• 90 per cent believe it’s important to have an easy way to communicate with their neighbours

• 78.6 per cent have at least one neighbour they can borrow a cup of sugar from

• 81.4 per cent would like a Neighbourly sticker for their letterbox to identify their Neighbourly membership

• 85.5 per cent want to know their neighbours better

• 70.8 per cent cite ‘not seeing their neighbours around’ as the reason for not knowing them better

• 42.4 per cent know a few or a lot less neighbours compared with when they were growing up

• 70 per cent aren’t aware of gatherings in the neighbourhood

Neighbourly launched in June 2014 after a successful two month pilot in Auckland and now has a membership of almost 60,000 members. This month, Auckland suburb St Heliers reached a membership of 1000 neighbours - the first suburb in New Zealand to reach this milestone.

Neighbourly received 1381 responses from Neighbourly members to learn more about what New Zealanders think makes a good neighbour in October 2014. For more information on Neighbourly visit www.neighbourly.co.nz

* Harris Interactive Survey 2014

** Respondents could select more than one response to this survey question.

A full list of individual responses is available. Please see contact details below.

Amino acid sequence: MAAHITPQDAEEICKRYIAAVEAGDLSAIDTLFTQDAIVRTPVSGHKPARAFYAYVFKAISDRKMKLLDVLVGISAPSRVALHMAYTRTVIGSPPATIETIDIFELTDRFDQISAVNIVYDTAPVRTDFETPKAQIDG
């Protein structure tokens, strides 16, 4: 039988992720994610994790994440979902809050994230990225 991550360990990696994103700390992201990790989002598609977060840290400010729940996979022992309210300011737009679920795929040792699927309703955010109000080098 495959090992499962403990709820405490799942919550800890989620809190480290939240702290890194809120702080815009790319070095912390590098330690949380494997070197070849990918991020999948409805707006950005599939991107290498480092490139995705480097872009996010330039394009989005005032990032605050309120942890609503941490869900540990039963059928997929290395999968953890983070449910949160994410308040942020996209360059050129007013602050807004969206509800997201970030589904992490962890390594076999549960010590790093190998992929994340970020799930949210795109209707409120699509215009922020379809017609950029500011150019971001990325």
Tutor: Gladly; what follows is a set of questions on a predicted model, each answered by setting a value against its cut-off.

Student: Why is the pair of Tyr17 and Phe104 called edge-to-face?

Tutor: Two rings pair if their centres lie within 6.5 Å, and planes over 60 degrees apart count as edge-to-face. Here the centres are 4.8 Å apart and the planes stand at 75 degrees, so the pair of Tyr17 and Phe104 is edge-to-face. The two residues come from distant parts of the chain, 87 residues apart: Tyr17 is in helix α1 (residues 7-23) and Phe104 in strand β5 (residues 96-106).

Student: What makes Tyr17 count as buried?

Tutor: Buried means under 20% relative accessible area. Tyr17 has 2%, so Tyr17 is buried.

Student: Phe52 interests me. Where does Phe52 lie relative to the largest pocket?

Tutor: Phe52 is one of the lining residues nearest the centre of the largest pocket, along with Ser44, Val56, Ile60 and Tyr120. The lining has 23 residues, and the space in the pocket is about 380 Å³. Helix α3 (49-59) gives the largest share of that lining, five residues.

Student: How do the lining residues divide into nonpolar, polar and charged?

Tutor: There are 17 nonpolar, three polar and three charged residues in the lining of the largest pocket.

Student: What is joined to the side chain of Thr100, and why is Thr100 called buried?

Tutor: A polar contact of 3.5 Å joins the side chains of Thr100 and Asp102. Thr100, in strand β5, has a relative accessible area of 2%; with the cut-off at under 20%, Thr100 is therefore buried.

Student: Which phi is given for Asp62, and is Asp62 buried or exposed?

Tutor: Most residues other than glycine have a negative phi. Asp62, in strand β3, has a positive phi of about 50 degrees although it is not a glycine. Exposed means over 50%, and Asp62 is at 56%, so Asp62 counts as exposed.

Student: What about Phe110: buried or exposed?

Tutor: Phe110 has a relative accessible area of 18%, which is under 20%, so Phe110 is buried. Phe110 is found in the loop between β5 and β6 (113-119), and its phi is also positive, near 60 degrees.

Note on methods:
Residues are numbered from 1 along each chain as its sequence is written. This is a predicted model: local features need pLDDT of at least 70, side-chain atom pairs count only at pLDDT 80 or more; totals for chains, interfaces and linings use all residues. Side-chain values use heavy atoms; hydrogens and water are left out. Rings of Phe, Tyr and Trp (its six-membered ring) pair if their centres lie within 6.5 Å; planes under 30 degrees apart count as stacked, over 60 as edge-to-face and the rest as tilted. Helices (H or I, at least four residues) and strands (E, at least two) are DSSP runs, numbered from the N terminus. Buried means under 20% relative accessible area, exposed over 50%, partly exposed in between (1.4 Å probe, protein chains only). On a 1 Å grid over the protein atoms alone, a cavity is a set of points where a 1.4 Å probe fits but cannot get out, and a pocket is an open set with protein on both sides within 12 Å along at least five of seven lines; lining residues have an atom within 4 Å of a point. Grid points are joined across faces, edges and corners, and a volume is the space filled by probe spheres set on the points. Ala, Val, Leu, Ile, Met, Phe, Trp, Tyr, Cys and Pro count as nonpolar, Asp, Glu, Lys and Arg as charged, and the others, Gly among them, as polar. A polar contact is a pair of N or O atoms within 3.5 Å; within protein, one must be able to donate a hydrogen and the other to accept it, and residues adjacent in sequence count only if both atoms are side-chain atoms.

ENDS

© Scoop Media

 
 
 
 
 
Culture Headlines | Health Headlines | Education Headlines

 
Max Rashbrooke: Review - The NZSO And Nature

This was a lovely, varied concert with an obvious theme based on the natural world. It kicked off with Mendelssohn's sparkling Hebrides Overture, which had a wonderfully taut spring right from the start, and great colour from the woodwinds, especially the clarinets. More>>

Scoop Review Of Books: Q&A: Prue Hyman On ‘Hopes Dashed?’

For Scoop Review of Books, Alison McCulloch interviewed Prue Hyman about her new book, part of the BWB Texts series, Hopes Dashed? The Economics of Gender Inequality More>>

Gordon Campbell: On Chuck Berry (And James Comey, And Bill English)

Back when many people were still treating rock’n’roll as a passing fad – was calypso going to be the new thing? – Chuck Berry knew that it had changed popular music forever. What is even more astonishing is that this 30-ish black r&b musician from a middle class family in St Louis could manage to recreate the world of white teenagers, at a time when the very notion of a “teenager” had just been invented. More>>

Howard Davis Review:
The Baroque Fusion Of L'arpeggiata

Named after a toccata by German composer Girolamo Kapsberger, L'Arpeggiata produces its unmistakable sonority mainly from the resonance of plucked strings, creating a tightly-woven acoustic texture that is both idiosyncratic and immediately identifiable. Director Christina Pluhar engenders this distinctive tonality associated with the ensemble she founded in 2000 by inviting musicians and vocalists from around the world to collaborate on specific projects illuminated by her musicological research. More>>

African Masks And Sculpture: Attic Discovery On Display At Expressions Whirinaki

Ranging from masks studded with nails and shards of glass to statues laden with magical metal, the works are from ethnic groups in nine countries ranging from Ivory Coast to the Democratic Republic of the Congo. More>>

Get More From Scoop

 
 

LATEST HEADLINES

 
 
 
 
Culture
Search Scoop  
 
 
Powered by Vodafone
NZ independent news